additionally - think of it like this:
what have you covered already in your ccna studies (as it pertains to switching)? i assume spanning-tree and vtp. both of these things can go extremely pear-shaped if someone connects a switch to your network and they negotiate trunks using bpdu's. how would you like to see a huge spanning-tree loop or maybe all of your vlan configuration information overwritten because you didn't set up the proper end-user vlan assignments on your closet switches. additionally, if i negotiate a trunk (and my pc can handle trunk frames) all of your vlan information can be sniffed and collected.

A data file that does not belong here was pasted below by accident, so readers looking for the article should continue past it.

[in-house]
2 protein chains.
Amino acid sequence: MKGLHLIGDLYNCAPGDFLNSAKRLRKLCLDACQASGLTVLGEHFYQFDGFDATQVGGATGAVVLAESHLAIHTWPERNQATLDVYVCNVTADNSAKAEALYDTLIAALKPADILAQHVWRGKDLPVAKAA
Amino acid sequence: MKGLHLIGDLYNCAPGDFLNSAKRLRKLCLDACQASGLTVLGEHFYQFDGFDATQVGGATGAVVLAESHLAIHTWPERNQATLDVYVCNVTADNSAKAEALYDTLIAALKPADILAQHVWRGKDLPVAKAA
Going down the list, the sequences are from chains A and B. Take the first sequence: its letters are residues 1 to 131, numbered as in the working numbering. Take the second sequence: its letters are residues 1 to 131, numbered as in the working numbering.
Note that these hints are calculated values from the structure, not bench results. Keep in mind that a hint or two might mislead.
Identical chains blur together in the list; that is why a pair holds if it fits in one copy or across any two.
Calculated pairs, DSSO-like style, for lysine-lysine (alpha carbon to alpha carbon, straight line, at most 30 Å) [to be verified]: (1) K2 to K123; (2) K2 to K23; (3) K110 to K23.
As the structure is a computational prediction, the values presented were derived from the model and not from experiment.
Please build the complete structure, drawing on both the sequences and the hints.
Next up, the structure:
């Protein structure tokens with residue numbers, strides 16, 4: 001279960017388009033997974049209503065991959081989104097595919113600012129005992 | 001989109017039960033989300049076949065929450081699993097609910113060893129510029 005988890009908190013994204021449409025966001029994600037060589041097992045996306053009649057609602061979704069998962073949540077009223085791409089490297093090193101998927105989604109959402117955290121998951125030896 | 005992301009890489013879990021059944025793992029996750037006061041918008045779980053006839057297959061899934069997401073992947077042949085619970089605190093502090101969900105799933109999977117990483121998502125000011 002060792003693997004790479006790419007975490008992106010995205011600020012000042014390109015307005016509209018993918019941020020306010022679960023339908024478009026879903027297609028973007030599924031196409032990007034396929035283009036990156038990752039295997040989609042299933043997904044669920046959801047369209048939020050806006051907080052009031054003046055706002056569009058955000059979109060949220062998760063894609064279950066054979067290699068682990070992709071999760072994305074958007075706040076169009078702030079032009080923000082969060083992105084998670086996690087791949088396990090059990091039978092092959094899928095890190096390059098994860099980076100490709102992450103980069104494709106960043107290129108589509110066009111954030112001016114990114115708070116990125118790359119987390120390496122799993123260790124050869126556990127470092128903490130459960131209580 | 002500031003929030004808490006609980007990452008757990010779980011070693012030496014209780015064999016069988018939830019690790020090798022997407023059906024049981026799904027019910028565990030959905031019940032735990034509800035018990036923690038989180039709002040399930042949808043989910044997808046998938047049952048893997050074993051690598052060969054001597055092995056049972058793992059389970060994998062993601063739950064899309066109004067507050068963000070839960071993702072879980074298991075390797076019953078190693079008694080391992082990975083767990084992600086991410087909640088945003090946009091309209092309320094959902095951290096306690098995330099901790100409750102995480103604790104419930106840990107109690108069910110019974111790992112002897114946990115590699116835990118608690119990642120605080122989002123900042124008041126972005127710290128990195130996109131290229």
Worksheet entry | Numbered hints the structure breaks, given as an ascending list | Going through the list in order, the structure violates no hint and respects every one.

as a rule you *always* set the port type information on your switches and if the port serves and end user or is being unused, you set it to access mode (preferably on a non-existant vlan if its not in use). its just something you do according to best practices. have i seen networks that function with no port types being defined? sure. i've worked on networks that switches were just pulled out of the box and patched in. does that mean its right to do it that way? no.

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"...if I in my north room dance naked, grotesquely before my mirror waving my shirt round my head and singing softly to myself..."


rolande
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said by tubbynet:

my biggest complaint about the ccna is that it doesn't give enough "best practice" deployment information when you configure a device.